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Of the three hounds, Cameron Daggett is the most reserved and most secretive, even his friends don't really know his full story and joke about where he came from and what happened to him. Cameron is content to leave things at that: no job defines him, no fixed residence ties him down and he's always one step ahead of his past.
Until his past walks into The Wolf's Lair and back into his life.
Sophie Lawrance never forgot the love she sacrificed many years ago but has no time to dwell on it because she is busy keeping her sisters and father safe from a blackmail threat against their family. She never expected to see Cam again, and never expected to do so at The Wolf's Lair, where she was delivering something to her blackmailer.
But now that they have found each other again, they must wrestle with questions from their past, as well as questions from their present. What happened to Cameron these past five years? Where did he go and what did he do? Who is blackmailing Sophie? And why?
Love is sweeter the second time around.
There is one scene that stands out now that I am writing this review: when Cam finally reveals who he is to Sophie -- and Sophie reaches out and touches him. It's a simple scene but evocative of the yearning and love that the two feel for each other. Their younger selves weren't ready for the relationship but it is equally saddening that their older selves aren't free of any impediments either: Sophie has her sisters and her deteriorating father to think about and she keeps the burden of the blackmail a secret from them.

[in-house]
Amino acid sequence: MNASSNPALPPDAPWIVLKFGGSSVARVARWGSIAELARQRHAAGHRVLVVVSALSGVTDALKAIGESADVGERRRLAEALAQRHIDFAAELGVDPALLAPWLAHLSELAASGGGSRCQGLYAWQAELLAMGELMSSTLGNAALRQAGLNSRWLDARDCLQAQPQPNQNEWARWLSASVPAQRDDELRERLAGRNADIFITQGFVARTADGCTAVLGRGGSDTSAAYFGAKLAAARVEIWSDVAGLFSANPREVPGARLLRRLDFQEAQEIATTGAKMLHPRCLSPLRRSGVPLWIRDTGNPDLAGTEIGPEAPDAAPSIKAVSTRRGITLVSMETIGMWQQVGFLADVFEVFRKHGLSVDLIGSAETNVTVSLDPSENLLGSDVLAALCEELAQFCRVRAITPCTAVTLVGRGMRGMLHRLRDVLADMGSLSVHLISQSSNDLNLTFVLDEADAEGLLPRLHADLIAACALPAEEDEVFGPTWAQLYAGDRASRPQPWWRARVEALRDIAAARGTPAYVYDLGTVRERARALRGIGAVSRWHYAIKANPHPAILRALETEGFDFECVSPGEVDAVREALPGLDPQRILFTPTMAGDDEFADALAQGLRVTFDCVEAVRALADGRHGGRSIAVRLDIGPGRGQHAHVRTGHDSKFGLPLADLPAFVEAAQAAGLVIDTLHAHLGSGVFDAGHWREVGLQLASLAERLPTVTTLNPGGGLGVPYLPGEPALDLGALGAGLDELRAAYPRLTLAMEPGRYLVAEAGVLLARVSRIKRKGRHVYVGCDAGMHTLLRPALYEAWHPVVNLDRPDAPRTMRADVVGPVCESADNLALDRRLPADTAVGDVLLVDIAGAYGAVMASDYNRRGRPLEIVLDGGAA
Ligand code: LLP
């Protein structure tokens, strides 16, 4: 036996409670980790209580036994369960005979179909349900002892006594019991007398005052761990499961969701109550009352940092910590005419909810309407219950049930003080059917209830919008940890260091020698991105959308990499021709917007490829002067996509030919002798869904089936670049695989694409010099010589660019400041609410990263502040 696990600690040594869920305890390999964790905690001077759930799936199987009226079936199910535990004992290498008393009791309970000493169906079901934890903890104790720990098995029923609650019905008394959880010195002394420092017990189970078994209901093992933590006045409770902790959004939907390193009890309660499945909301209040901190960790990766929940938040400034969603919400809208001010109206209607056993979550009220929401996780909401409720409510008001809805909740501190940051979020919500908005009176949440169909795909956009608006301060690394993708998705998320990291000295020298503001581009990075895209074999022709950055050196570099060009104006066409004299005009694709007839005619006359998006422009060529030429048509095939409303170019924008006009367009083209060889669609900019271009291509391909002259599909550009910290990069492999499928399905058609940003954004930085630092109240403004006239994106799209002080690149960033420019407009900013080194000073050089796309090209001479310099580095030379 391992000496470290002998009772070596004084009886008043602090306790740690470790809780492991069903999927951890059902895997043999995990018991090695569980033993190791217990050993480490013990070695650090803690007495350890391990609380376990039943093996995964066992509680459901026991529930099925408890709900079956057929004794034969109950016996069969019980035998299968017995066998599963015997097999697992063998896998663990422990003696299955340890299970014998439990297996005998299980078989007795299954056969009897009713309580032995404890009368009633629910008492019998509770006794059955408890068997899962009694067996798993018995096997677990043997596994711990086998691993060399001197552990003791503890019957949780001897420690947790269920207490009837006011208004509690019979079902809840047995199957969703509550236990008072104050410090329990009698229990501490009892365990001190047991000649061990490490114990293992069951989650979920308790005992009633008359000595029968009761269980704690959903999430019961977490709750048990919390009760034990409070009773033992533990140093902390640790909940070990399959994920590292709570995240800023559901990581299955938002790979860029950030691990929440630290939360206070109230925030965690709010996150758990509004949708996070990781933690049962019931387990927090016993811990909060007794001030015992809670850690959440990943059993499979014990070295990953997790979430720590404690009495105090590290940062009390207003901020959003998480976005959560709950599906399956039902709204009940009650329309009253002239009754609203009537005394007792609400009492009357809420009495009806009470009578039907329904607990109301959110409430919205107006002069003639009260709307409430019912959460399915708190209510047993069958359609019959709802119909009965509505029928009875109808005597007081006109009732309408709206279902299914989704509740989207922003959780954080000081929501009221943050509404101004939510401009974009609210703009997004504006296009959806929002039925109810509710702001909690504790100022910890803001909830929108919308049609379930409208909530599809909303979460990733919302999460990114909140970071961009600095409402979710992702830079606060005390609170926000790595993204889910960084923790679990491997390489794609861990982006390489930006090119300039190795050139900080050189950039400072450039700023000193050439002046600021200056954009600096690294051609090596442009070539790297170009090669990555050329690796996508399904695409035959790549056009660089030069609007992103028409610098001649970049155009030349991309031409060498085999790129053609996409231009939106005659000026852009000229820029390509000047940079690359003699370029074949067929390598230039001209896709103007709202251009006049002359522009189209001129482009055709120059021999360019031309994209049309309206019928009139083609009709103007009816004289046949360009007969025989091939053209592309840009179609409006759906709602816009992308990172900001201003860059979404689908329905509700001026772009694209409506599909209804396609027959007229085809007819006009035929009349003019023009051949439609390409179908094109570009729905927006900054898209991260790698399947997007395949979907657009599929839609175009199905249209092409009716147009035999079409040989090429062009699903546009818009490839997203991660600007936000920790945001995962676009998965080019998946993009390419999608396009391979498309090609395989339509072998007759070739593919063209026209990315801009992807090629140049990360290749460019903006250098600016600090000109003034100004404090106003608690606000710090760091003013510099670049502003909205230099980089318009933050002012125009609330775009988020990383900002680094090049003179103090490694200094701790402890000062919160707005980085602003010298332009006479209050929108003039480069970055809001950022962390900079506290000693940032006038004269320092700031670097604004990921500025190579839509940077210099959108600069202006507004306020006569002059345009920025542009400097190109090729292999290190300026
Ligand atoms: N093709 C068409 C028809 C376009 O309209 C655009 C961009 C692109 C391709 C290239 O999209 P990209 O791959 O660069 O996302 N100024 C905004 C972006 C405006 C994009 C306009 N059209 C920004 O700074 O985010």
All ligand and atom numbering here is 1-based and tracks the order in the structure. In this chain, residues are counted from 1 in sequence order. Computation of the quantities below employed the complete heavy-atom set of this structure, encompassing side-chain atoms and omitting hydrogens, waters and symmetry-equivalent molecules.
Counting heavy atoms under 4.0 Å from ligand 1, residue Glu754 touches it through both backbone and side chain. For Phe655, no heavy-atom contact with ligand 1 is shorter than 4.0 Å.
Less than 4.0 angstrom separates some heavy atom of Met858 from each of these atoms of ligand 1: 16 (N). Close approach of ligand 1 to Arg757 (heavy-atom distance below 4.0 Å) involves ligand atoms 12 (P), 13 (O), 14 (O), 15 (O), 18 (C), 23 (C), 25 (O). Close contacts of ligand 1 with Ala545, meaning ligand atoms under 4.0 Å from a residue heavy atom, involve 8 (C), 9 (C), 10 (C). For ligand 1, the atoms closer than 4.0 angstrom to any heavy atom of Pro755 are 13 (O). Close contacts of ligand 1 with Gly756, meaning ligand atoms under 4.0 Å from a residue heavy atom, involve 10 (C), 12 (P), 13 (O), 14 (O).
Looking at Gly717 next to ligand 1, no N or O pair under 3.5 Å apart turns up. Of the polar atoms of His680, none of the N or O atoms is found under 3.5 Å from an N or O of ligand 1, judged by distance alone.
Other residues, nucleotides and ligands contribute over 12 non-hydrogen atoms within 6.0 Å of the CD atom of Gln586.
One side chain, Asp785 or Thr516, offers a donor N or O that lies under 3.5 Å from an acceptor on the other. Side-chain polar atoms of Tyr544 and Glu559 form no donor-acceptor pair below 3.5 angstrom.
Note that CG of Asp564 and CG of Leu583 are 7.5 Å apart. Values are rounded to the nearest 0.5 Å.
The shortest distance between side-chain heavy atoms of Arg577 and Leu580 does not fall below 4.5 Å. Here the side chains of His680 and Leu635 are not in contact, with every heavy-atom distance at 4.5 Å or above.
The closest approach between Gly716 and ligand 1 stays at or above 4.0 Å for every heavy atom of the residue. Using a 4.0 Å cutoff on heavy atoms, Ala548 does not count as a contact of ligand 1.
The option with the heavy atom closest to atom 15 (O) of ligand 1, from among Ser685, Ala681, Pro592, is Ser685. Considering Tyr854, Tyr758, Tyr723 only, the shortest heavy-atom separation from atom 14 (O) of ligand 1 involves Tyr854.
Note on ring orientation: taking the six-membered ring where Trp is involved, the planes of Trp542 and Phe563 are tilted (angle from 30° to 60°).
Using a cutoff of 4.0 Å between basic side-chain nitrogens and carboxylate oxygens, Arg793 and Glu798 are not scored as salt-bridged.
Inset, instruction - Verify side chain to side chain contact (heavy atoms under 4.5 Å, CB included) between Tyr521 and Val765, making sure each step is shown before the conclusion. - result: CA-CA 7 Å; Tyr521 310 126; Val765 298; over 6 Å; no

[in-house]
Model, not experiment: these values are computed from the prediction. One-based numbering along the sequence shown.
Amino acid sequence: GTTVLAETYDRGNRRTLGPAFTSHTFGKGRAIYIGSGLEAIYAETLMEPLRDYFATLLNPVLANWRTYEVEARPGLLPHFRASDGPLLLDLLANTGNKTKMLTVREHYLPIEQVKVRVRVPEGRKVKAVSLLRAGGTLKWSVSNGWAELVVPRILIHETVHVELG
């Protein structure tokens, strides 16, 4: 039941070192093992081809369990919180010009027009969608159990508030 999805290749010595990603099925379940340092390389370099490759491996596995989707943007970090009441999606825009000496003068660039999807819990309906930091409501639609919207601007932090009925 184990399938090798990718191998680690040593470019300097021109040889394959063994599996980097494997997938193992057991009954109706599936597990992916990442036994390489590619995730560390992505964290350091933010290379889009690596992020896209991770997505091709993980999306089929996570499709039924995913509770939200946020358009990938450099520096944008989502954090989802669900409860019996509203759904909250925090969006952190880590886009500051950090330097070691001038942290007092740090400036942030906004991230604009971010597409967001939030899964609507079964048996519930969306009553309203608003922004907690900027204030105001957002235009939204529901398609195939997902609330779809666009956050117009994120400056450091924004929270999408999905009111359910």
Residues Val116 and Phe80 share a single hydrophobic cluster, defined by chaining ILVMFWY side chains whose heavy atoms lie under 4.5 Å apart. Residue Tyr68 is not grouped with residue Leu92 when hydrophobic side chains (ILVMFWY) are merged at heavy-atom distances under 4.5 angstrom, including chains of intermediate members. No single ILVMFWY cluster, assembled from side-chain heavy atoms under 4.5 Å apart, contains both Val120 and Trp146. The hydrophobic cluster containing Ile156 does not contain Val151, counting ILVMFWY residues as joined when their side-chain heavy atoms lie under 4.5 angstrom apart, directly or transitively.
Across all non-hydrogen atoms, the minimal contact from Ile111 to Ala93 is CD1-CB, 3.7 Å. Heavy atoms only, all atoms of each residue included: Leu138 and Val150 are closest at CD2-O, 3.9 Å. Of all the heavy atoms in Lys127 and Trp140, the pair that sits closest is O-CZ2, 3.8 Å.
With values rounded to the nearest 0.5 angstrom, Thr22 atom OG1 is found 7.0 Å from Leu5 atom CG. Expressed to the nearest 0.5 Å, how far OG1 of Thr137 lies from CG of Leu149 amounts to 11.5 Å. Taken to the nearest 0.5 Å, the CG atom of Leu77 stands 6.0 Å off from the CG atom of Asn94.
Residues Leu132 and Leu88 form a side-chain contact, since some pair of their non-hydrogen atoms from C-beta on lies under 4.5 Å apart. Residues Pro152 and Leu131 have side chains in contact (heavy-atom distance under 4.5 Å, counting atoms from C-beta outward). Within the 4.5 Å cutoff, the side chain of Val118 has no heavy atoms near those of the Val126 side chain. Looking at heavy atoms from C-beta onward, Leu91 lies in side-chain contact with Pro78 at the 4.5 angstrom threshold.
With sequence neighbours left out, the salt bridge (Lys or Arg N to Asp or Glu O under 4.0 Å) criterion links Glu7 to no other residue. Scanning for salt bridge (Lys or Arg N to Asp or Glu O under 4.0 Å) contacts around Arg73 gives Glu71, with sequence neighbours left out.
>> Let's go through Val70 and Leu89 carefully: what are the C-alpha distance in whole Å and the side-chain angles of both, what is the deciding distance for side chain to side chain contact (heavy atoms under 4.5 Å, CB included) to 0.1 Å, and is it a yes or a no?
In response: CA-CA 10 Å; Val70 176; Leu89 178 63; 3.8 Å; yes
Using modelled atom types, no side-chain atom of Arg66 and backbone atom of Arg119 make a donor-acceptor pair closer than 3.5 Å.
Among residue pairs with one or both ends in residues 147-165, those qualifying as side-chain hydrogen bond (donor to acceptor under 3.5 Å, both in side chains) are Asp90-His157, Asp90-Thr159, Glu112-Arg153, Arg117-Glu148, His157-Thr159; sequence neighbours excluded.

"Sophie ... Sunbeam." The words were barely more than a sigh, yet they hit her with all the force of a physical slap. Only one person in the world had ever called her by such a pet name. A boy on the brink of manhood, bristling with uncontrollable passions.
Dear God, it couldn't be ... Her head began to reel and her throat was suddenly dry as dust. She stared in mute shock for a long, dizzying moment before managing to make a sound.
"Ah, at last you've puzzled it out. I was beginning to think you had forgotten I ever existed."
"N-never," whispered Sophie.
He leaned back and regarded her in solemn silence.
Reaching up, she slowly untied the mask and let it fall away.
- p. 44
I have to say I enjoyed Too Dangerous to Desire more than I did the previous books. I always thought Cameron was very fascinating when he appeared in Gryff and Connor's books and often wondered how he got the information he provided his friends. Even then, I knew that there was more to Cameron than met the eye.
The intrigue in this novel was also well done. It involves an important document that directly affects the Marquess of Wolcott, Cameron's lifelong enemy -- and Sophie's family is the decisive factor. I love how Cara Elliott ties in the blackmail plot with the mystery behind Cameron's origins and that Sophie was the key, all along: not just to his heart, but to the unanswered questions of his past as well.
My one complaint is the ending, which I thought was overly complicated: Cam and Sophie get shot at, and then they get captured ... and then they end up on a sloop at sea and the villains are chasing after them. The tangle that Sophie found herself in was already sorting itself around midway through the book, when Cameron stepped in and then Cameron's own problems started to be settled near the end -- I wish the author had allowed the story to end that way, without all the roundabout action and final resolution.
Too Dangerous to Desire is the last book in Cara Elliott's Lords of Midnight series. To find out more about Cara Elliott and her books, click below: